6. 6. Hypnotics, Sleep & Plasticity relevant doses are specifically involved in cortical remodeling signaling is critical for ocular dominance plasticity [43], its effects during sleep. are mediated specifically by b-adrenergic receptors [44]. T-type It is unlikely that the effects of TRA on ocular dominance calcium channels have been shown to influence ocular dominance plasticity are caused by non-specific effects of TRA on V1 plasticity [45,46], but the affinity of TRA for these channels is neurons. First, while the elimination half-life of TRA in healthy much lower than for 5-HT2 receptors. At the dosage employed in young subjects (,5–6 h [28]) is longer than that of ZAL (about 1 h our current studies (10 mg/kg, with a maximum effective [29]), it is roughly equal to that of ESZ [27,30], and is unlikely to concentration of around 25 mM), TRA is likely to profoundly be present at significant levels at the time of single-unit ocular antagonize 5-HT2 receptors but only modestly affect T-type dominance assessments, which typically took place 14–18 h after channels [40,47]. Lastly, selective serotonin reuptake inhibitors drug administration. Furthermore, prior studies examining the (e.g., fluoxetine) augment consolidation of motor skill learning during effects of 5-HT or a1-adrenergic receptor antagonism (antagonist post-training sleep [38] and restore cortical plasticity in adult mice properties associated with TRA) on response properties of V1 to levels seen during the critical period [48]. Therefore, our results neurons reported no gross defects in visual processing [31–33]. We are best explained by a blockade of 5-HT2C receptors during sleep also find that while the compounds under study had different which impairs the normal strengthening and weakening of effects on plasticity, none of them grossly perturbed visual responses synapses in V1. in V1 neurons (e.g., OSI45, peak firing rate; Fig. 4). Intrinsic signal angle and polar maps from TRA animals (Fig. S2) likewise Serotonin signaling during sleep and cortical plasticity show normal orientation tuning and response magnitude. And An activation of 5-HT2 receptors during sleep may seem counter- finally, we find no effects of TRA alone (without prior MD) on intuitive because, relative to waking, cortical serotonin levels are ocular dominance or visual responsiveness (Fig. S3A–D), and no relatively low [49–51]). However, these concentrations may be acute effects of TRA administration on visual response properties sufficient to activate 5-HT2C receptors, which have a relatively high of V1 neurons (Fig. S3E). Thus, the most parsimonious affinity for serotonin compared to other 5-HT receptors [52], and interpretation of our findings is that TRA directly interferes with which are maximally expressed in the visual cortex during the synaptic plasticity mechanisms active in V1 during post-MD sleep. critical period [53]. It is also possible that serotonin release in the While TRA did lead to substantial reductions in post-MD REM sleeping cortex can increase depending on prior waking experience. sleep (Fig. 1), this effect is unlikely to directly cause impairments in For example, locus coeruleus activity and cortical noradrenaline ocular dominance plasticity for the following reasons. First, similar levels are specifically up-regulated during NREM sleep following reductions in REM were seen in all three hypnotic-treated groups, yet training on an olfactory learning task, in a manner consistent with a only TRA significantly impaired plasticity in V1. Indeed, a previous role in memory consolidation [54,55]. It is possible that a similar study showed that ocular dominance plasticity consolidation is not use-dependent activation of serotonergic pathways may also occur affected by administration of triazolam, although it caused a more during sleep. Therefore, while the results of systemic injections profound suppression of REM than any of the drugs used in the should be cautiously interpreted, our findings suggest that blockade current study [11]. Second, we have recently demonstrated that of 5-HT2C receptors impairs the normal strengthening and selective (non-pharmacological) REM sleep deprivation following weakening of synapses in V1 during post-MD sleep. MD does not impair consolidation of this plasticity [7]. Lastly, the A serotonergic mechanism may also explain why, of the ‘‘z’’ degree of V1 plasticity during sleep is positively correlated with post- hypnotics examined here and in a prior study, only zolpidem MD NREM - and not with REM - sleep [9]. significantly reduces ocular dominance plasticity [11]. While this It remains unclear, however, what aspects of NREM sleep are difference may be partly explained by minor differences in these critical for consolidation of cortical plasticity. Cortical slow waves drugs’ affinity for a1-, a5- or c3-containing GABAA receptors and spindle oscillations have been proposed as mediators of [12,13] or their pharmacokinetics [30] - i.e., by slightly differing mnemonic processes [34,35], as have cortical neurotransmission GABAA receptor agonist properties - it more likely reflects the and neuromodulator release during NREM sleep [7,36–39]. Our known effects of zolpidem on cerebral serotonin signaling. At the current findings suggest that TRA interferes with sleep dependent dose used in our prior study, zolpidem has been shown to reduce plasticity without affecting NREM cortical oscillations (Fig. 2). On cerebral serotonin accumulation [56] and enhance the suppression the other hand, restorative sleep is reported following administra- of firing in serotonin-releasing median raphe neurons by GABAA tion of ‘‘z’’ hypnotics which, as shown here, perturb NREM EEG receptor agonists [57]. In contrast, there is no evidence that the activity [3,4]. We find that these profound changes in NREM dosage of ZAL or ESZ used in our current experiment would have EEGs are not associated with inhibition of ocular dominance the same effect [58]. plasticity (Fig. 2 and [11]). Together, the available data suggest that other cellular mechanisms active during NREM sleep - but Conclusions not apparent at the level of the EEG - are critical for consolidating The results of systemic drug treatment should be cautiously cortical plasticity. interpreted for several reasons. The effects of systemic drug Precisely what these mechanisms are is difficult to determine treatments on central nervous system function may vary across because TRA has many effects, including antagonism at 5-HT2A mammalian species (i.e. cats vs. humans); therefore complementary and 5-HT2C, a1-adrenergic, and histamine H1 receptors. TRA studies in humans are required. In addition, our results do not also inhibits T-type calcium channels and is a weak serotonin exclude the possibility that supra-clinical doses of the ‘‘z’’ reuptake inhibitor [14,15,40]. However, of these potential hypnotics might also inhibit the consolidation of cortical plasticity, mechanisms, 5-HT2 receptor antagonism appears to be the most or that alterations of monoaminergic signaling during wakefulness likely factor in our results. Selective intracortical blockade of 5- might impair the induction of ocular dominance plasticity. HT2C receptors reduces ocular dominance plasticity [32], and 5- Nevertheless, our findings are important because they provide HT2C receptors facilitate long-term synaptic potentiation and new evidence suggesting that monoaminergic signaling during depression (LTP and LTD) in developing V1 in vitro [41,42]. sleep contributes to cortical plasticity. In addition, and in On the other hand, there is no evidence that histamine agreement with an earlier report [11], they demonstrate that influences ocular dominance plasticity, and while noradrenergic hypnotics producing major alterations in sleep architecture do not PLoS ONE | 6 July 2009 | Volume 4 | Issue 7 | e6078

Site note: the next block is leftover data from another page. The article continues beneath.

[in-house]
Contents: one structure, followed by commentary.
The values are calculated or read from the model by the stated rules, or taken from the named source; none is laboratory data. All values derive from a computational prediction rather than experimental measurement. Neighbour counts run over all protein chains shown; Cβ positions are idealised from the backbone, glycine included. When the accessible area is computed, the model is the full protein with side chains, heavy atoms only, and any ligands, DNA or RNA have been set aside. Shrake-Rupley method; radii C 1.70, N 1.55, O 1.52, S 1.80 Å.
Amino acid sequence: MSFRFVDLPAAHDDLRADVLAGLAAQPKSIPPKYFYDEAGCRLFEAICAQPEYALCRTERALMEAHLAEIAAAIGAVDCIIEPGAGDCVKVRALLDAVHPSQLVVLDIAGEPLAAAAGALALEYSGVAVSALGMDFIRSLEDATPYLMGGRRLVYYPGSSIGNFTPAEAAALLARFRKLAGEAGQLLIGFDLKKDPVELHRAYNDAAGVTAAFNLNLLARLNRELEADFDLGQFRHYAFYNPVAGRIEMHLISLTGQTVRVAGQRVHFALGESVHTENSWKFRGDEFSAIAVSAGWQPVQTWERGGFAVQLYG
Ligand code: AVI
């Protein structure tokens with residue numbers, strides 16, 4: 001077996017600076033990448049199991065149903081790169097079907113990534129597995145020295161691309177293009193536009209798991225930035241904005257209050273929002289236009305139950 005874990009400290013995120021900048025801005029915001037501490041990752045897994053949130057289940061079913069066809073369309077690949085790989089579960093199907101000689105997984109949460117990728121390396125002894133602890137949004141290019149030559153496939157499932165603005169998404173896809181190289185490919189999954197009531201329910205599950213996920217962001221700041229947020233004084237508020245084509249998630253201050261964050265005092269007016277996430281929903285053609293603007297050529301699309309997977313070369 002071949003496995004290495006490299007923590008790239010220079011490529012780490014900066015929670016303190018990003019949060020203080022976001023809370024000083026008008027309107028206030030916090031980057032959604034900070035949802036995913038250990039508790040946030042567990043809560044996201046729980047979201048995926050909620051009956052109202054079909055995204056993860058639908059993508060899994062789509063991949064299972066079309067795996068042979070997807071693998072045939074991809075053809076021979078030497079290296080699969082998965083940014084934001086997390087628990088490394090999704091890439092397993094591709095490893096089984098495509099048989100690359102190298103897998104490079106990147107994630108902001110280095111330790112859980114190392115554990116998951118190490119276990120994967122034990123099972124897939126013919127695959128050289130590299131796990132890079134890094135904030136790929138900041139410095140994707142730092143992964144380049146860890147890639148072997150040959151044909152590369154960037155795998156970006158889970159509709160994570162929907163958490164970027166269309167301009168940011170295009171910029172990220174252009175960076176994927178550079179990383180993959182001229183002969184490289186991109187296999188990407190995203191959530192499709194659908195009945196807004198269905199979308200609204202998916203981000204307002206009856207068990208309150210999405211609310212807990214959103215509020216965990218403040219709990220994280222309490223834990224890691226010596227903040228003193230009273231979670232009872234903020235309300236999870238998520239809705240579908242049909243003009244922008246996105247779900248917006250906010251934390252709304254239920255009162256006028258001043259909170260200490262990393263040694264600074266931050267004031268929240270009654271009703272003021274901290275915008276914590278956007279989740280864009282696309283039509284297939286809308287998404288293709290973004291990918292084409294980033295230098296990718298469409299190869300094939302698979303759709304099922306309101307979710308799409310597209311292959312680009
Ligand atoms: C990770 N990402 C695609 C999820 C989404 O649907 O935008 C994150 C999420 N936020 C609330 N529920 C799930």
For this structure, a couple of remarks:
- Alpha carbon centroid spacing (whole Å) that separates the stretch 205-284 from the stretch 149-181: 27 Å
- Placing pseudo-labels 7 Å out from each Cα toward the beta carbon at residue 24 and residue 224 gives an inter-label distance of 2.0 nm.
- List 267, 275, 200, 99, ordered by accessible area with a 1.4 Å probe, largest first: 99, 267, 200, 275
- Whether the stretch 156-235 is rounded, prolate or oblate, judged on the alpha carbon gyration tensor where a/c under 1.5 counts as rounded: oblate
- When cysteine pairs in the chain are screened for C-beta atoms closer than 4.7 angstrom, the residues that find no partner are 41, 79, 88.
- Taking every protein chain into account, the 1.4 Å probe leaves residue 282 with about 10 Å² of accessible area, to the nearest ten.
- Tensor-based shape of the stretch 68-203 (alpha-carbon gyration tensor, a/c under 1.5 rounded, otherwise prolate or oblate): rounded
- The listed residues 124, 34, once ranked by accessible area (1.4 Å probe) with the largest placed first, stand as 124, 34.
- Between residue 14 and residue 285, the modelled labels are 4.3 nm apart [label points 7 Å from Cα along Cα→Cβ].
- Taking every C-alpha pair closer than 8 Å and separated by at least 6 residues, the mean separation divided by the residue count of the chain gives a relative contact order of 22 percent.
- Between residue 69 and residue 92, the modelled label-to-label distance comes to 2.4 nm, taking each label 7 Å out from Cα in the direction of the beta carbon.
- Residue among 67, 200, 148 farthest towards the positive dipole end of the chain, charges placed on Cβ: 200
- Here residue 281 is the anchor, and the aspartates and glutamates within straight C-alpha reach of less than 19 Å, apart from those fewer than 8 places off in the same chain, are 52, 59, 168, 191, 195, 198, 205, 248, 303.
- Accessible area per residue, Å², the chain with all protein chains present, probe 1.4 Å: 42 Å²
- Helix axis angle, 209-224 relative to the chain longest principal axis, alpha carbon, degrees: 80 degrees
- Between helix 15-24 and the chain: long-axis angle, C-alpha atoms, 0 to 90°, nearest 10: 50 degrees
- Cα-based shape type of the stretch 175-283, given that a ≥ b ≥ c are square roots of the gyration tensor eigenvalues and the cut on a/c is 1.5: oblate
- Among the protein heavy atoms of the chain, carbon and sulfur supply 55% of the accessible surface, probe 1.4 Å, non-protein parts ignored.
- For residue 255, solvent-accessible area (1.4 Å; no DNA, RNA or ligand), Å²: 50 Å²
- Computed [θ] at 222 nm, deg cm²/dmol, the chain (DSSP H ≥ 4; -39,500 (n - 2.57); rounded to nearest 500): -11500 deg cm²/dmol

7. 7. Hypnotics, Sleep & Plasticity necessarily impair neural functions of sleep. Conversely, agents previously described [9]. Following recovery, cats were returned to that produce more ‘‘physiological’’ sleep based on polysomno- their recording chambers and were kept awake (through a graphy - such as TRA - may grossly impair these functions. combination of gentle handling, novel object exploration, Our results may also have important clinical implications. TRA vocalization, and floor rotation) under normal room illumination is commonly prescribed to pediatric patients - not only for for the next 6 h to provide a common stimulus for remodeling in insomnia [59] and mood disorders [60,61], but also for migraine V1 [8,9]. The deprived eye remained sutured closed in all cases prophylaxis [62] and treatment of behavior disorders (such as tic until the time of acute ocular dominance assessments. disorders [63], aggressive behavior disorders [64], and attention disorders [65]). Thus our current findings raise important Sleep/wake analysis questions regarding the consequences of long-term use of these EEG and EMG signals were used to assign polygraphic data drugs in pediatric populations. into 8-s epochs of non-REM sleep (NREM), REM sleep, and waking states using SleepSign software. The proportion of time Materials and Methods spent in REM, NREM, and waking (and mean bout duration for each state) was calculated separately for baseline, MD, and post- Experimental design and formation of groups MD sleep periods using standard conventions. Fast-Fourier Animals were housed and treated in accordance with University transforms (FFT; SleepSign) were used to assess EEG spectra of Pennsylvania IACUC regulations for animal care and use. All between 0–40 Hz in each sleep state as described previously [11]. invasive procedures were performed under anesthesia and survival EEG power in each frequency band during post-MD sleep was procedures were accompanied with pre- and post-operative care as normalized for each cat as a percentage of the pre-MD baseline. described previously [8,9]. We used an experimental design similar As described in the RESULTS section, we also observed an to that used previously to test the effects of benzodiazepine and apparent intermediate state between waking and NREM sleep - non-benzodiazepine hypnotics on sleep-dependent ocular domi- described as ‘‘NREM-drowsy’’ (ND) - in a subset of ESZ- and nance plasticity [11](Fig. 1A). At postnatal days P24–28, cats were ZAL-treated animals (n = 2 and n = 1, respectively). However, the randomly assigned to control (vehicle [VEH], n = 6; data from 4 amount of ND in these animals was very low across the 8-h post- cats reproduced with permission from Seibt et al. [11]) or MD sleep period (0.7%60.4% and 2.1% of total recording time, experimental groups. Experimental groups were treated with respectively; data not shown). As described in a prior study [11], either zaleplon (ZAL, n = 5), eszopiclone (ESZ, n = 6), or trazodone this sleep stage was analyzed separately for EEG power spectra but (TRA, n = 5), as described below (Drug treatments). Whenever included in the sleep bout calculations as NREM because of its possible, siblings were distributed evenly across different groups to behavioral and EEG similarities to NREM sleep. minimize potential litter effects. In addition, a group of animals with unmanipulated, binocular vision and unmanipulated sleep (Normal, n = 7) was used for comparison of ocular dominance Drug treatments measures with the main treatment groups. Four of the Normal cats All drugs (and vehicle) were administered in a single i.p. were previously used to provide normative data in an earlier study injection which was given immediately following the 6-h period of (reproduced with permission from Jha et al. [8]). There was no waking MD, at the beginning of the post-MD sleep period difference in age between any of the groups (F = 0.93, p = 0.46, (Fig. 1A). Zaleplon (ZAL; Sepracor; Marlborough, MA) and one-way ANOVA). Circadian factors are unlikely to play a role in trazodone (TRA; Sigma; St. Louis, MO) were diluted in 0.25– sleep-dependent ocular dominance plasticity because circadian 0.75 ml of DMSO vehicle and administered at 10 mg/kg. rhythms in sleep/wake and other parameters are extremely weak Eszopiclone (ESZ; Sepracor) was diluted in 0.25–0.75 ml of an in cats [66–68] and entirely absent in critical period kittens [69]. aqueous acetate buffer vehicle solution containing 28 mM glacial Nevertheless, all experimental manipulations were done at the acetate and 221 mM sodium acetate trihydrate (pH 4.5), and same time of day. delivered at a dosage of 1 mg/kg (n = 2 cats) or 10 mg/kg (n = 4 cats). Preliminary findings indicated that the low and high dosages of ESZ had similar effects on sleep and ocular dominance Surgical procedures and sleep/wake recording plasticity, and that neither of the two drug vehicles used as controls All cats in VEH and hypnotic treatment groups were implanted (DMSO, n = 5, or acetate buffer, n = 1) had substantial effects on with EEG/EMG electrodes on postnatal days P21–28 as described sleep or ocular dominance plasticity. Thus, for simplicity, data previously [11]. Briefly, five EEG electrodes were placed bilaterally in frontal and parietal bones of the skull (1–2 cm away from these animals were grouped together, in ESZ and VEH from V1), and three EMG electrodes (braided stainless-steel wire) treatment groups, respectively. were placed deep into the nuchal muscle. Electrodes were connected to an electrical socket fixed to the skull with bone Single-unit electrophysiology and ocular dominance screws and dental acrylic. After 4–5 d of postoperative recovery, analysis cats were placed in a light proof, illuminated sleep-recording To assess ocular dominance and right eye/DE and left eye/ chamber with a revolving base. EEG/EMG signals were NDE response properties, micro-electrode recordings of single continuously recorded during a 6-h baseline period, a 6-h neurons were performed in all groups as described previously [8]. monocular deprivation (MD) period, and a 6-h post-MD sleep Contact lenses were placed in the eyes (for optimum focus to a period in total darkness (Fig. 1A). Cats were provided with food monitor positioned at a distance of 40 cm), and neuronal and water ad lib at all times. Polygraphic signals were amplified responses to grating stimuli presented to either eye were recorded with an Astro-Med (West Warwick, RI) amplifier system, filtered using a 161 mm array of 16 electrodes (Frederick Haer; (high-pass at 0.3 Hz, low-pass at 100 Hz), digitized at 200 Hz, and Bowdoinham, ME) which was placed within V1, as described recorded as previously described using SleepSign software (Kissei previously [9]. Depth of recording (measured in 100 mM steps Comtec; Irvine, CA)[8]. from the pial surface, as described previously [7]) was similar Following the baseline recording period, cats were anesthetized between neurons recorded from all hypnotic-treated groups and with isoflurane and had their right eyelids sutured closed as those recorded from VEH cats (N.S., Dunn’s post hoc test; median PLoS ONE | 7 July 2009 | Volume 4 | Issue 7 | e6078